Way back in the nineties, the then Meath footballer Graham Geraghty spent a week on trial at Arsenal. Bill Darby, the London club’s representative in Ireland, had invited him over after watching his performance in a Leinster final, feeling there was a raw, athletic talent that might, with proper coaching, be turned into something special. Over the course of his time at Colney, following performances in a couple of trial games, it emerged his first touch was a little too deficient to be corrected and he wasn’t offered a contract. A footnote in one of the more interesting GAA careers, there was something else came out of it too.
The people at Arsenal were stunned at his levels of physical fitness. Staff and players alike were flabbergasted at the condition this man was in.
Irish international Eddie McGoldrick (a name to remind Gooners that there were darker days in their past than the present era) had to testify on Geraghty’s behalf that he really was an amateur sportsman. That, of course, made his fitness and strength all the more remarkable for the professional soccer players to behold.
How could somebody with a day job be in this sort of shape? How could somebody with a day job be so much fitter than them?
The answer is that the GAA has always been incredibly progressive in its approach to fitness and to new ideas in general. Is there any other sport that has tinkered with on the field rules and with the format of its major championships as much in recent years? Far beyond the stereotype of the rural troglodyte stuck in his ways, here is an association liberally speckled with people desperate to innovate and to improve in any way they can. This is why the recent decision by Glasgow Celtic to hire Jim McGuinness to oversee their academy shouldn’t be a surprise and should be welcomed.
While those who know their Gaelic football in Scotland (and that would be a surprising number of people) may fear that the Celtic youth teams will now start adopting weird defensive formations like 7-2-1, and begin harassing opponents into submission, the truth is McGuinness will be merely bringing sports science to bear on their development. What does it say about the situation in Scotland though that the club has to look across the sea to an amateur sport to find somebody with the knowledge and experience to bring that extra dimension?
The smart people in the GAA would applaud the decision because they have always been open to going outside their own community in the quest to improve. Forty-two years ago, Billy Morgan was one of a number of Irish students to arrive at Strawberry Hill in London to study physical education. Morgan came home with a degree and a whole slew of new ideas about how to revolutionise the traditional approach to training Gaelic football teams. Cork and Nemo Rangers benefitted accordingly.
In Michael Foley’s classic book “Kings of September”, there’s a fascinating story told of Eugene McGee, freshly-appointed manager of the Offaly footballers, driving his Fiat Mirafiori and Richie Connor over to London to watch Arsenal training for a few days just before Christmas, 1976. The club’s daily routine was nothing like the stuff an inter-county boss would have to pack in to two sessions a week but still, the appetite for knowledge and the openness of mind was impressive.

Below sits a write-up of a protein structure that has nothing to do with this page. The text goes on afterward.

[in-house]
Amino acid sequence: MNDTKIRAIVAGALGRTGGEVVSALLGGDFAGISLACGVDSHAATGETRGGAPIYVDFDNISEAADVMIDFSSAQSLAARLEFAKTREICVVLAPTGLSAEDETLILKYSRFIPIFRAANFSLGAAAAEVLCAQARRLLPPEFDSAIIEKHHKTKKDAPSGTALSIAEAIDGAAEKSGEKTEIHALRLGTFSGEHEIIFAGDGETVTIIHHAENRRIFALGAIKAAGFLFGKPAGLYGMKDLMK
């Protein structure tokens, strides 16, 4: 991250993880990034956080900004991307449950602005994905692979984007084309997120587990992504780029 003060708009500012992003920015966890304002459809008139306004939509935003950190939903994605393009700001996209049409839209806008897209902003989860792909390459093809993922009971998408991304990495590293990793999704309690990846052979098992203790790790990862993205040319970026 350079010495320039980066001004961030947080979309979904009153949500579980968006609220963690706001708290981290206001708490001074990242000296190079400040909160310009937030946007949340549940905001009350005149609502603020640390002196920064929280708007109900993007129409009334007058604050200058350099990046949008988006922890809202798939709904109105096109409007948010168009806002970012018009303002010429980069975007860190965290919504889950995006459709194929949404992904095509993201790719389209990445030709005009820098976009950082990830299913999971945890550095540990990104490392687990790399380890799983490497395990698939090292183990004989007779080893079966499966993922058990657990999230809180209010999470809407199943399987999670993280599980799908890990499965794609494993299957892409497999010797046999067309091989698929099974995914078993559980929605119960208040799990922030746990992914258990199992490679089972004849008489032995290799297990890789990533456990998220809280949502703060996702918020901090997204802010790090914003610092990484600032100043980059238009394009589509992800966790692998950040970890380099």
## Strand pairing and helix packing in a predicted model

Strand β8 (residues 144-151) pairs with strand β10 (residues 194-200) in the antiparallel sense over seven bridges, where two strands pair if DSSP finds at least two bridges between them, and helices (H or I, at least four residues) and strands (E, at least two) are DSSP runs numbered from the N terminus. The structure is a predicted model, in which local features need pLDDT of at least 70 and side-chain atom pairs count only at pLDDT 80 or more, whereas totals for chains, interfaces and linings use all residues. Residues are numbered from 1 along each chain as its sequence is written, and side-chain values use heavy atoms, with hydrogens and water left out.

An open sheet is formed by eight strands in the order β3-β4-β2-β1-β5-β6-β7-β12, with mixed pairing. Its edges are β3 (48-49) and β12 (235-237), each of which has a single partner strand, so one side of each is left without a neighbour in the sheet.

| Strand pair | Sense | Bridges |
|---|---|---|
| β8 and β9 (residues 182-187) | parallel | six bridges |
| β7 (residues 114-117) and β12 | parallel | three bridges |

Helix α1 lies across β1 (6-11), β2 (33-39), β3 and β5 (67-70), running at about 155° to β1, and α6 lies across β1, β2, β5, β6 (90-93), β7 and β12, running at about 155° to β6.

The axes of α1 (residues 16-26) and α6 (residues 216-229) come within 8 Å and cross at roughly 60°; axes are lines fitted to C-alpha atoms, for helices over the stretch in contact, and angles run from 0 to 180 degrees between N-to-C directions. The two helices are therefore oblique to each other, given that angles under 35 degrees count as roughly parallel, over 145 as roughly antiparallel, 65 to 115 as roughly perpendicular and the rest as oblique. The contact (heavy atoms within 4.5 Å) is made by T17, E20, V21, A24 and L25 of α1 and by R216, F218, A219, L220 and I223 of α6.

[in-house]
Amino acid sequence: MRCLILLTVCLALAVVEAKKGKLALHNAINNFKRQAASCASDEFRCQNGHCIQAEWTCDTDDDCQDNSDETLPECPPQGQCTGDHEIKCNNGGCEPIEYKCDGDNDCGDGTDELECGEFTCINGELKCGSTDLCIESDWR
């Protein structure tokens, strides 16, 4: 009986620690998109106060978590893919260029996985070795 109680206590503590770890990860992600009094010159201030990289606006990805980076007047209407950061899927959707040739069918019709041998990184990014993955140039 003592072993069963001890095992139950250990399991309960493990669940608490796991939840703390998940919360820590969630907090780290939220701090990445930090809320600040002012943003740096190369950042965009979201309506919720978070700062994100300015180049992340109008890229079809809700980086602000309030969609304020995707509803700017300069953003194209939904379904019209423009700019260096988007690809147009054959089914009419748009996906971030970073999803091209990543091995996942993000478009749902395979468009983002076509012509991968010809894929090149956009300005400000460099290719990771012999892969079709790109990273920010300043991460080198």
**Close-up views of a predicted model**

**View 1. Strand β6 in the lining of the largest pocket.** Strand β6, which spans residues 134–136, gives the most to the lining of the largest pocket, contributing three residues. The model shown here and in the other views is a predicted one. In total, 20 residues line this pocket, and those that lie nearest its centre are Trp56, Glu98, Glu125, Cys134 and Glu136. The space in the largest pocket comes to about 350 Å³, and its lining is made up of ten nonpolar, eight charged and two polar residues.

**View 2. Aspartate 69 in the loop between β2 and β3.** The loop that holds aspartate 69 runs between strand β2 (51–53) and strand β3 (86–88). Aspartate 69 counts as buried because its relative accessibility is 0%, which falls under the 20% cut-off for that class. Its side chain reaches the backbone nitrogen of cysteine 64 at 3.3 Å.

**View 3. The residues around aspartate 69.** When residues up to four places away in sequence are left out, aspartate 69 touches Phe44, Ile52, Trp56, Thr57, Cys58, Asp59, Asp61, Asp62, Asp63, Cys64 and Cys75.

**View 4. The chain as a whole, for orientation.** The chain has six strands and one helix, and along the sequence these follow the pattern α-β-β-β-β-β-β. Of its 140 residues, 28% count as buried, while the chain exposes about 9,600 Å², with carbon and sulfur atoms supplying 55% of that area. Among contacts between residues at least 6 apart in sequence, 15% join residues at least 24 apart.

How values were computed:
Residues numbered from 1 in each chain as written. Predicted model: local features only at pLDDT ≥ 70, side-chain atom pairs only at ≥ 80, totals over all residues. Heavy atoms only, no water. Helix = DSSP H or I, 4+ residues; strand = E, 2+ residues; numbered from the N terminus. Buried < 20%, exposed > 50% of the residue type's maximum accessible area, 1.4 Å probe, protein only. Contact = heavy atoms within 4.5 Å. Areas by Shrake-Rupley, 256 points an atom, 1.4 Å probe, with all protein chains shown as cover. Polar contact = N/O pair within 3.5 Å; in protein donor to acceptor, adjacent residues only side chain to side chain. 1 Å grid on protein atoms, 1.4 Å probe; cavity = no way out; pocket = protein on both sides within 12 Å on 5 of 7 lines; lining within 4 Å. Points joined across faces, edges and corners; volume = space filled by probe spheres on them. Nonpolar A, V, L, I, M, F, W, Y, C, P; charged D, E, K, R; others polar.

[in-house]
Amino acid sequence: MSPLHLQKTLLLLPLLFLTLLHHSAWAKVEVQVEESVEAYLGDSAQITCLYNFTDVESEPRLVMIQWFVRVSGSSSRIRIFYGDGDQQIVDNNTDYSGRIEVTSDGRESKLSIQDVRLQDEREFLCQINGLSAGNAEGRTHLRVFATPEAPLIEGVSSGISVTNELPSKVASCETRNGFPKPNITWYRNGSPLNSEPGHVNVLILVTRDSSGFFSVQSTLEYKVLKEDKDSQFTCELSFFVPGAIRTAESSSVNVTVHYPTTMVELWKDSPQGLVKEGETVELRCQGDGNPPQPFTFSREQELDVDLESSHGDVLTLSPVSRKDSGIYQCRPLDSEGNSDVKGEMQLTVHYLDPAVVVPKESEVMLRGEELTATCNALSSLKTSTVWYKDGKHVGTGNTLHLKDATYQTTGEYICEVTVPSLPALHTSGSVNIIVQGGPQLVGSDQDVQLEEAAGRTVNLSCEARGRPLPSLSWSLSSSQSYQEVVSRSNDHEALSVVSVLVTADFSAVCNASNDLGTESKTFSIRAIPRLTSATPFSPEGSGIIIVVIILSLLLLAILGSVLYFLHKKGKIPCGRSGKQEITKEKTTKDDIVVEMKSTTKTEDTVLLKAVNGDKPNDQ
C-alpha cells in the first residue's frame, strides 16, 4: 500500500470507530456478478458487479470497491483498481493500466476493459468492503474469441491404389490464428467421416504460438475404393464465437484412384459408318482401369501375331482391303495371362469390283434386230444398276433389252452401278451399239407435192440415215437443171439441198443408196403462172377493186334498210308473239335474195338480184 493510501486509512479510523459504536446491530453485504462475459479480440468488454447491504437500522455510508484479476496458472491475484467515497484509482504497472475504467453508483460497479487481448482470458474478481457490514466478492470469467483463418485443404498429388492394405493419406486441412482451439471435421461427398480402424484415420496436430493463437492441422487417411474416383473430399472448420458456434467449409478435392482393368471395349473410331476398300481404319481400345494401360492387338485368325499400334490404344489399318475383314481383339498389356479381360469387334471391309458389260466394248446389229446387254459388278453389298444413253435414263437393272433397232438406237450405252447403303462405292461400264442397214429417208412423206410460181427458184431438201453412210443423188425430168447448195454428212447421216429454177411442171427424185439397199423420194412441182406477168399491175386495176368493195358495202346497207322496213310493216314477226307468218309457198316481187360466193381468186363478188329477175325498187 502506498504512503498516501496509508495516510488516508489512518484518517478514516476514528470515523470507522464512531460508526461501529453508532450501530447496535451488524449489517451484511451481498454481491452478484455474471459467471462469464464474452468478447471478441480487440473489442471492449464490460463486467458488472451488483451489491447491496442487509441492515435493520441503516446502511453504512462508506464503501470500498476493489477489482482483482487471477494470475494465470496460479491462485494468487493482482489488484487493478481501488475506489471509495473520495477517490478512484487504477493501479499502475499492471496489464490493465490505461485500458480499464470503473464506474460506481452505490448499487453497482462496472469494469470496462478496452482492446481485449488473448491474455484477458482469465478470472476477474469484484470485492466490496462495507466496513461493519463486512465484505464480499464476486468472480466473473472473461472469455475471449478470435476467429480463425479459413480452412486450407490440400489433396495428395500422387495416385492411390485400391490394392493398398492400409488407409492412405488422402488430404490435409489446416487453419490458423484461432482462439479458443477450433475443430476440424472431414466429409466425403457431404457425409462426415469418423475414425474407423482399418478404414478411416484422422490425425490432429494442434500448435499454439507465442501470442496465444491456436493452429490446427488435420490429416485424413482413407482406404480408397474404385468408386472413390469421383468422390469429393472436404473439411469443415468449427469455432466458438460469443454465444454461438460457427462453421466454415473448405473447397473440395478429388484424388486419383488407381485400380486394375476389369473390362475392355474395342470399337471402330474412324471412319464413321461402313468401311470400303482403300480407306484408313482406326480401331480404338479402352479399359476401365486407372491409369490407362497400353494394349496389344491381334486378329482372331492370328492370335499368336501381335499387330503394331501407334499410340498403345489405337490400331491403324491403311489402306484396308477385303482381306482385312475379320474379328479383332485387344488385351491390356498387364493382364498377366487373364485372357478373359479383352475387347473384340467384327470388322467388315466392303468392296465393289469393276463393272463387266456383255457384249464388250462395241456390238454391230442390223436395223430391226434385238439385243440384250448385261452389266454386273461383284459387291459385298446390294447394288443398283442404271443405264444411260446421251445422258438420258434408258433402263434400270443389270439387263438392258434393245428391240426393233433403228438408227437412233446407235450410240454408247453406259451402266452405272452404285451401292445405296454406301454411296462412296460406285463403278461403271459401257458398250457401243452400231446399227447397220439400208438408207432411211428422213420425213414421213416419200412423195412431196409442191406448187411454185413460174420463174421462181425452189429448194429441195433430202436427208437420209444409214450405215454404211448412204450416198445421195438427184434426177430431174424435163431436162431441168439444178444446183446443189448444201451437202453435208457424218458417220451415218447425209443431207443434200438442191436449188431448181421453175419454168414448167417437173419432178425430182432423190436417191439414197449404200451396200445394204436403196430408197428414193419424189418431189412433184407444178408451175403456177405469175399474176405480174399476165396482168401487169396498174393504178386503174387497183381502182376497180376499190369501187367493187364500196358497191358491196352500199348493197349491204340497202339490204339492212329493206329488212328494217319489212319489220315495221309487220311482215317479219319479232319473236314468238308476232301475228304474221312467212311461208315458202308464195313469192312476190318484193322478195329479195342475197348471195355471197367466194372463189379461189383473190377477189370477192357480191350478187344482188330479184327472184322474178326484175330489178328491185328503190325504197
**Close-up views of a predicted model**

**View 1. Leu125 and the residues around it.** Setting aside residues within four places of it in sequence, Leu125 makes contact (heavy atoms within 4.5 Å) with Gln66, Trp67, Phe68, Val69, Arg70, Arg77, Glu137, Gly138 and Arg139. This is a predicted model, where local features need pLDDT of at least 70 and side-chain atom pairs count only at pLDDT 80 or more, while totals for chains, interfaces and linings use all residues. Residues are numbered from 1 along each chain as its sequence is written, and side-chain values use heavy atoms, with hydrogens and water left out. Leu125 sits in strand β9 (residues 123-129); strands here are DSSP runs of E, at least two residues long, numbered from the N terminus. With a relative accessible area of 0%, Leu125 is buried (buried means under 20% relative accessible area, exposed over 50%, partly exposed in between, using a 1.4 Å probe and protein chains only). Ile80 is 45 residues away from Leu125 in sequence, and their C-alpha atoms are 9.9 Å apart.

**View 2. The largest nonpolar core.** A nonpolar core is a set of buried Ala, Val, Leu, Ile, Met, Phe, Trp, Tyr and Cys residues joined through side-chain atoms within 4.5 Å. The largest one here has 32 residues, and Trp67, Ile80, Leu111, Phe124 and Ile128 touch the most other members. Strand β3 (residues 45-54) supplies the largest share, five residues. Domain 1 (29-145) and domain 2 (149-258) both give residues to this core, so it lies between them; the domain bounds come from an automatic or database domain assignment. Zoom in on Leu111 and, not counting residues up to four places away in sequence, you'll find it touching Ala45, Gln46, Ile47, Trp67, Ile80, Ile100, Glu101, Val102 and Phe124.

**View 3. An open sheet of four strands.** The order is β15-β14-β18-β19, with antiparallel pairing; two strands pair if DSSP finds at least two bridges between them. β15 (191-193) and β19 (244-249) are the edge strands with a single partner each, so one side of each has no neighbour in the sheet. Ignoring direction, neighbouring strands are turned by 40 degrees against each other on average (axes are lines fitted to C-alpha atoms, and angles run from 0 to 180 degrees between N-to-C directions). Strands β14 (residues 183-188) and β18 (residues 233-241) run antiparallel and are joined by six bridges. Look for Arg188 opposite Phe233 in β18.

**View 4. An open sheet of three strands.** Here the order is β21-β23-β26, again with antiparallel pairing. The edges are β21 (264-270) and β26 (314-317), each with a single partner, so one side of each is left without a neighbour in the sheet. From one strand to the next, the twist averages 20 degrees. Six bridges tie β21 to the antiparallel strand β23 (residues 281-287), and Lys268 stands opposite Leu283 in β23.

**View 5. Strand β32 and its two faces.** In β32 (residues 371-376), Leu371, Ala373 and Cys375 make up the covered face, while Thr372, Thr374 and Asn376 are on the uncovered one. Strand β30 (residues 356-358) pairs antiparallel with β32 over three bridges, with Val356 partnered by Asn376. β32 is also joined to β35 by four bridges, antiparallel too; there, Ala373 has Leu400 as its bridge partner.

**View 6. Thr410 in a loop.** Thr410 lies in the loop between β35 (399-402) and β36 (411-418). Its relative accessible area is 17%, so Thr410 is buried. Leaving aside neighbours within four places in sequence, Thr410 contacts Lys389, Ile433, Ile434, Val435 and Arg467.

Closer to home, I remember Moss Finn knocking around St. Finnbarr’s GAA club, the Irish rugby international being there to work on the physical fitness of the senior teams before the championship. At a time when a lot of hurlers and footballers were not yet the lean, mean fighting machines of today, Finn passed on the benefit of the more advanced work being done at the top level of his own sport.
That would have been around the time Jimmy Barry-Murphy was the biggest star in a galaxy full of them who wore Cumann Barra Naofa on their chests.
Little wonder then that all these years later, one of Barry-Murphy’s first moves when he took over the Cork hurlers for the second time was to go outside the GAA for inspiration. He tapped the former international 800m runner David Matthews to join his backroom team after reading the athlete holding forth about how he felt training for that distance would be perfect for hurlers and Gaelic footballers. Matthews’ insight on the clash of two very different sporting cultures was interesting.
“Well, I’d say some of the harder sessions I did were looked upon by the players as very hard,” said Matthews. “And some of the easier sessions would have been looked upon as very easy. I think that’s one of the big misconceptions in the GAA, that teams don’t train hard enough on the hard days, and train too hard on the easy days. What also surprised me was the mindset of players, and their ability to hurt. As an individual athlete you learn to hurt, go through that pain barrier, at a very young age, and how to deal with it, to push your body to great extremes. In the 800 metres the pain barrier always comes before the finish line, and you have to be able to run through it. I always made the analogy, that those last 80 metres, it’s like someone hands you a fridge freezer, and told you to carry that across the line too.”
When it comes to switching codes, all involved in the GAA should hope McGuinness succeeds in Scotland because it will reflect back positively on the association.
His recent track record suggests he’ll shake up the academy at Celtic and perhaps beyond that too. Of course, the only worry is that the last time a high-profile sportsman from a different code got involved in a soccer club, it was Clive Woodward at Southampton.
That experiment lasted just a year, a year that was hallmarked by acrimony. Whatever happens, surely the Donegal man will do better than that.